The New Hampshire Lottery, which currently offers online subscription games only, broke all-time sales records in 2013, surpassing $278.7 million in total sales, a 10 percent year-over-year increase. “That’s not by accident,” says McIntyre. “We’ve been in gaming for a half-century (New Hampshire’s lottery was launched in 1964). We know what we’re doing and do it pretty well.” He says lotteries are just as qualified to offer iGaming as casinos, maybe more.

“It’s not as if they have this sort of secret sauce; we all use basically the same vendors and the same backup systems to manage wagering, transactions and customer management systems.”

Gaming law expert I. Nelson Rose, professor at Whittier Law School in Costa Mesa, California, points out that online gaming actually originated because two state lotteries—Illinois and New York—wanted to use out-of-state payment processors. That led to the 2011 reinterpretation of the federal Wire Act, which in turn opened the doors to online gaming.

“They got more than they asked for,” says Rose. “They got the right to everything but sports betting.

“The state lotteries have been the first to react to the liberalization of the gambling laws,” says Rose. “Illinois became the first to sell tickets using the lottery, and they were tremendously successful—so much so that the computer crashed.”

In January, the Illinois Lottery introduced yet another way to buy lottery tickets: through a smart-phone app. Not surprisingly, this innovation too was viewed by some as the next sign of the apocalypse.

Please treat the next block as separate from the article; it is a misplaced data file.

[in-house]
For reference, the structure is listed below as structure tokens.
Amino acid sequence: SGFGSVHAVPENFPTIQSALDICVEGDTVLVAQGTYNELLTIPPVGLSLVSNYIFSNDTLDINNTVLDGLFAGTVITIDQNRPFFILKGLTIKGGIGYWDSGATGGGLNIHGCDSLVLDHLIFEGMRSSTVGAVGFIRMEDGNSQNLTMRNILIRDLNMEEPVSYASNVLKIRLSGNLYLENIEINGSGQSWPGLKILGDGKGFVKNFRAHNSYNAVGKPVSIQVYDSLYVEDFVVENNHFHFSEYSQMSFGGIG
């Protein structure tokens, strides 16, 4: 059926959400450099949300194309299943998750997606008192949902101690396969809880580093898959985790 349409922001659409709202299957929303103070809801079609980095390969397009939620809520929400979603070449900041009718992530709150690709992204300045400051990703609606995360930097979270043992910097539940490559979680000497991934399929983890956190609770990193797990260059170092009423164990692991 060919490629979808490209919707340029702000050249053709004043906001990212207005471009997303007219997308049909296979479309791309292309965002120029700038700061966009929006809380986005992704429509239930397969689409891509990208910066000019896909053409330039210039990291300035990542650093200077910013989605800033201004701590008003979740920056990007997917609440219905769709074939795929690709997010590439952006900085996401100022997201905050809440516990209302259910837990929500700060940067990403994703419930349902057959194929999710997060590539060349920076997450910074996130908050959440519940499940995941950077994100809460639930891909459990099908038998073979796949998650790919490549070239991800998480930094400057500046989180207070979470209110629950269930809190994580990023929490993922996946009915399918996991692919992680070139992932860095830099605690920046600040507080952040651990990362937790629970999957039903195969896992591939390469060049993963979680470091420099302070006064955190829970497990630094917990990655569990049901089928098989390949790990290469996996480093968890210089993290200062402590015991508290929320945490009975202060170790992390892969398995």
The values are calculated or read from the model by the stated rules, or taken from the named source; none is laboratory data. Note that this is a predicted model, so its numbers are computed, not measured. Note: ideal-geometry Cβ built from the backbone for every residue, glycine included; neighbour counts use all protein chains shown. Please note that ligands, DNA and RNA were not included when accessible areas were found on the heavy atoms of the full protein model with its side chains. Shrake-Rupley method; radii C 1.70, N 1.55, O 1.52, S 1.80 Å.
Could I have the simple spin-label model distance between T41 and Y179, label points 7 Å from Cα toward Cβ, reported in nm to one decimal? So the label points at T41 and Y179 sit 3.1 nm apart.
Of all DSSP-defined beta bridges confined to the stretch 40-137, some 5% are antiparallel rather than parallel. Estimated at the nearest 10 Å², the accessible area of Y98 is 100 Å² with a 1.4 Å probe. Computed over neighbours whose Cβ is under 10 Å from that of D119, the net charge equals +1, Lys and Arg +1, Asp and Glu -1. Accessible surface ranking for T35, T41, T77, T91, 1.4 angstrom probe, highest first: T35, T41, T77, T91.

“Gambling can really ruin people’s lives,” Anita Bedell, of Illinois Church Action on Alcohol and Addiction Problems, told the Chicago Tribune. “And now by having an app, it can ruin lives 24/7.” Convenience store owners cried foul, saying it would inhibit in-store sales.

Who’s On First?

Half a dozen state lotteries now offer some form of online ticket sales, says Rose. “And in some cases, they have statutes that permit them to have gambling online, where every other form, like casinos, would take an act of the legislature. So the lottery in many cases can be first.”

For political reasons, he adds, state lotteries in the U.S. “probably will not do what a provincial lottery in Canada did, and open up true video poker and video internet casinos. But in many cases, they certainly are going to be the first movers here. And then the casinos will have to play catch-up.”

Jonathan Griffin, policy analyst with the National Conference of State Legislatures, points to Delaware as an example of how the scenario likely will play out state by state.